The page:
During 2021, the government imprisoned every opposition leader who voiced an interest in running for the presidential elections. They remain in jail, and in most cases, their families haven’t heard from them since their arrests. With only Catholic bishops – particularly Bishop Alvarez and Bishop Silvio Baez, auxiliary of Managua, who has been in exile at Pope Francis’ direct order since 2019 – left to oppose the ruling couple, the government began to slowly clear the path that led to Alvarez’s arrest -- and thus their hold on power.

Nicaragua has had no ambassador to the Holy See since August 2021. That November, the Nicaraguan government annulled the figure of “dean of the diplomatic corps” by decree. In March 2022, its government declared the papal representative, Polish Archbishop Waldemar Stanislaw Sommertag, persona non grata and expelled him from the country. Soon after, the closing of Catholic TV and radio stations began, as did the closure of Catholic NGOs, including the charitable organization run by the Missionaries of Charity, founded by Mother Theresa. They had been accused of being terrorists.

On Aug. 19, 2022, after two weeks of virtual arrest in the curia house, Bishop Alvarez was taken away by police in a convoy made up of at least eight patrol cars at approximately 3 a.m. He was accused of what Murillo called “crimes against spirituality.” He has been under arrest since, and his “trial” is set to start in January.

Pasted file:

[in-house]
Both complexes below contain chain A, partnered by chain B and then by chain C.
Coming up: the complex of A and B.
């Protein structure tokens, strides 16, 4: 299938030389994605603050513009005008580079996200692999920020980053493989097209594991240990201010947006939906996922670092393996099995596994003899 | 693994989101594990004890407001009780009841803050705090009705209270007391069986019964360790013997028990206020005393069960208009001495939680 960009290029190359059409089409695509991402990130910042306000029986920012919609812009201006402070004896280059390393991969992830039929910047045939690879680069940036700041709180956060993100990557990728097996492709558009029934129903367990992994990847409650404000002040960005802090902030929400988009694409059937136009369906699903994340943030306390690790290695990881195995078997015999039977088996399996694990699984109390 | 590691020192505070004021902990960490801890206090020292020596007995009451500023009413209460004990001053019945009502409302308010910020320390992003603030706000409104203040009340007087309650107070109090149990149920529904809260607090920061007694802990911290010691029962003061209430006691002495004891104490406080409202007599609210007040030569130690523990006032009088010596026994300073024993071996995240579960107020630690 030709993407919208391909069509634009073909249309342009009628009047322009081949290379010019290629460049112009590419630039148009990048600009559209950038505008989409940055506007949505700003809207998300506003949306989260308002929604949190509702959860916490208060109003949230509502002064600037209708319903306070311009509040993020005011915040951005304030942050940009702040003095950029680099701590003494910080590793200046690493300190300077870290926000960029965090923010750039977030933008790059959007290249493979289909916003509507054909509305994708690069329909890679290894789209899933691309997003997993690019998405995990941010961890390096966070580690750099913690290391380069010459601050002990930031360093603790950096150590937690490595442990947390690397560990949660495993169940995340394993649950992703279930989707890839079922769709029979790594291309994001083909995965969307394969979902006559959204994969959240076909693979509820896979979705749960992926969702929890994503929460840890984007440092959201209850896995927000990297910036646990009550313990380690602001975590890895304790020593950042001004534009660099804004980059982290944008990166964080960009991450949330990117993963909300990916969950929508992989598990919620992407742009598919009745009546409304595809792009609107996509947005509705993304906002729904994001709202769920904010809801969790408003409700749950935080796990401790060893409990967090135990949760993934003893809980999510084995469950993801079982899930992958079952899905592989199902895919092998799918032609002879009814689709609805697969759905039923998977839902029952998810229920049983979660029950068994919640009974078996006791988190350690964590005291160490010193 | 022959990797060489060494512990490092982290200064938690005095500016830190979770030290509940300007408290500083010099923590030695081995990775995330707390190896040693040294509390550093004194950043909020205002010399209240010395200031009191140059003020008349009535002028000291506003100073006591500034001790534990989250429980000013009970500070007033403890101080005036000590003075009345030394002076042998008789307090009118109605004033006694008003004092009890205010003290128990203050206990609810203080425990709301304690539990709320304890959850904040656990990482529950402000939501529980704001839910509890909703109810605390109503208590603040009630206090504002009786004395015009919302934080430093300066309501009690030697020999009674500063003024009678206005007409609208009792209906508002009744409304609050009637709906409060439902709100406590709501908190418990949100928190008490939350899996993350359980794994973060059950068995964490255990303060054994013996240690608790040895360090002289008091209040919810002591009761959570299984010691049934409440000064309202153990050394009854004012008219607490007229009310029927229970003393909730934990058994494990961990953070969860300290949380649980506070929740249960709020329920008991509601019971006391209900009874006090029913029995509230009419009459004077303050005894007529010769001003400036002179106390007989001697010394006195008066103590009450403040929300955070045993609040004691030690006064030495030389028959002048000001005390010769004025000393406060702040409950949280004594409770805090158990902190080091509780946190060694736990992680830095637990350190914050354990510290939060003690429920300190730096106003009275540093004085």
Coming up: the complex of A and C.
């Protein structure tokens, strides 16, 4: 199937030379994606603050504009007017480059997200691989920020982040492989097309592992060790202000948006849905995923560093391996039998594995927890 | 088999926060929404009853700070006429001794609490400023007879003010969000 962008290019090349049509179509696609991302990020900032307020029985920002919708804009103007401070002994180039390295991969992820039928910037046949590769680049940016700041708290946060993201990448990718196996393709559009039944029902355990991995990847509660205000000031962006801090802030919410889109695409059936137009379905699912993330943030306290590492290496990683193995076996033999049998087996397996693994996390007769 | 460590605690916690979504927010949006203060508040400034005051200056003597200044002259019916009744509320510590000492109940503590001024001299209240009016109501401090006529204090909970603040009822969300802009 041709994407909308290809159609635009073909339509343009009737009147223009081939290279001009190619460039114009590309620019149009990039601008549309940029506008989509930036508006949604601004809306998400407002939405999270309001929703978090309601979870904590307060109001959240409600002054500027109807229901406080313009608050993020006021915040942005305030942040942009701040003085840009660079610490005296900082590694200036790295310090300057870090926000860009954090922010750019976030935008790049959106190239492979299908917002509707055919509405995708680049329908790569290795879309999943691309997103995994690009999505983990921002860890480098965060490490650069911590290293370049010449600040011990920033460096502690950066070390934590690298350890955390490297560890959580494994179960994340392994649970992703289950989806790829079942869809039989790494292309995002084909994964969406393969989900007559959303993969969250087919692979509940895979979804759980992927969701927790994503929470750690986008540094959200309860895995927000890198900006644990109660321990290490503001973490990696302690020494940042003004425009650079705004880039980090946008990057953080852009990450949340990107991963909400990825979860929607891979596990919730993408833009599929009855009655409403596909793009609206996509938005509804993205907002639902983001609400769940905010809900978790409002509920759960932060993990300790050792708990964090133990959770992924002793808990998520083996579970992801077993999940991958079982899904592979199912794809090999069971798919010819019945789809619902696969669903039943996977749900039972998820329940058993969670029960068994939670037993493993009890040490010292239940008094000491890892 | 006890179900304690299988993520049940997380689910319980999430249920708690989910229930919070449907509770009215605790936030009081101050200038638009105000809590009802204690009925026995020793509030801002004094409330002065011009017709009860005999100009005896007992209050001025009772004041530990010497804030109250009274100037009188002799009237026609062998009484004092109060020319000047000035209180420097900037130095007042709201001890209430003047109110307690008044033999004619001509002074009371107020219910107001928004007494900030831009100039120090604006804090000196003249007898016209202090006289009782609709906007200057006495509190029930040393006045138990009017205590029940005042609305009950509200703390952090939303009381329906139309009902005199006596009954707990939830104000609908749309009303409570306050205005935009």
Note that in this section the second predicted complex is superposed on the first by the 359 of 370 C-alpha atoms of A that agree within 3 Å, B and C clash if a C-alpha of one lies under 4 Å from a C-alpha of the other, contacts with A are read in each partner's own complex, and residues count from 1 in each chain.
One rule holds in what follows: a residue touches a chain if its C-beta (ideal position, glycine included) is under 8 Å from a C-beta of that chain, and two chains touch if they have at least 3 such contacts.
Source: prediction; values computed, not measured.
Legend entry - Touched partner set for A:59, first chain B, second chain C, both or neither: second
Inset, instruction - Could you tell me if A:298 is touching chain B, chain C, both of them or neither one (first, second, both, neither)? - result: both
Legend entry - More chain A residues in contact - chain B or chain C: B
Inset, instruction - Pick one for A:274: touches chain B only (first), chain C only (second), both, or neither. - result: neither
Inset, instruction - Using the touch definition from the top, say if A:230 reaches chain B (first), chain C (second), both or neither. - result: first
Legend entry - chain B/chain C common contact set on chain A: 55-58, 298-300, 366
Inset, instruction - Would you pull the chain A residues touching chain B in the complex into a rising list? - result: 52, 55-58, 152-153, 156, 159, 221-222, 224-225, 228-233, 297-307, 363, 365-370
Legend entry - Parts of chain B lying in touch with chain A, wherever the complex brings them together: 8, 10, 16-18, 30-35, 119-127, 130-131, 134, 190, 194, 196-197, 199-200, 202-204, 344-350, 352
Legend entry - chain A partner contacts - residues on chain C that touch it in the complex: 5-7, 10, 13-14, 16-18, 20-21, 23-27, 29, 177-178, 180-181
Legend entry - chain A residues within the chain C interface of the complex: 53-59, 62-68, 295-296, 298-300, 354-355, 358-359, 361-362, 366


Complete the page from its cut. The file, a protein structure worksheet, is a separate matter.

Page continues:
Nigeria, concerns about the survival of Christianity

Finally, third in the list of stories that shouldn’t have happened in mission territories in 2022, is the murder of 12 priests and five religious sisters, as well as the kidnapping of 51 more priests and religious sisters. Twenty-eight total were kidnapped and four were murdered in Nigeria, which according to World Population Review has the sixth largest Christian population in the world. There has been no news for months about two of the kidnapped in Nigeria, including a German missionary priest.

Nigeria is an African superpower, and, as one of the most religiously dynamic places on the planet, it contains the largest mix of Muslims and Christians in the world. Missionaries are threatened here, on the one hand, by terrorist organizations such as Boko Haram, but also by endemic violence, which is only growing.

The situation is so dire that, according to the newly created Cardinal Peter Okpaleke of the diocese of Ekwulobia, there is reason to be concerned “about the survival of Christianity, the life and safety of our people as well as the stability of the West African sub-region if Nigeria were to tip over.”

For many years, Islamist fundamentalist groups held sway in some parts of the country. Recently, they have successfully mounted major attacks close to the national capital, Abuja.

These are three very diverse countries, with very diverse problems, challenges and battles facing them with the dawn of a new year. One thing they all have in common, however, is the fact that, as mission territories, they rely on the support of the universal Church, which should all unite to support their uphill battle for a more peaceful world – a world in which the Gospel message is heard and spread.

Ines San Martin is the senior communications consultant for the Pontifical Mission Societies USA.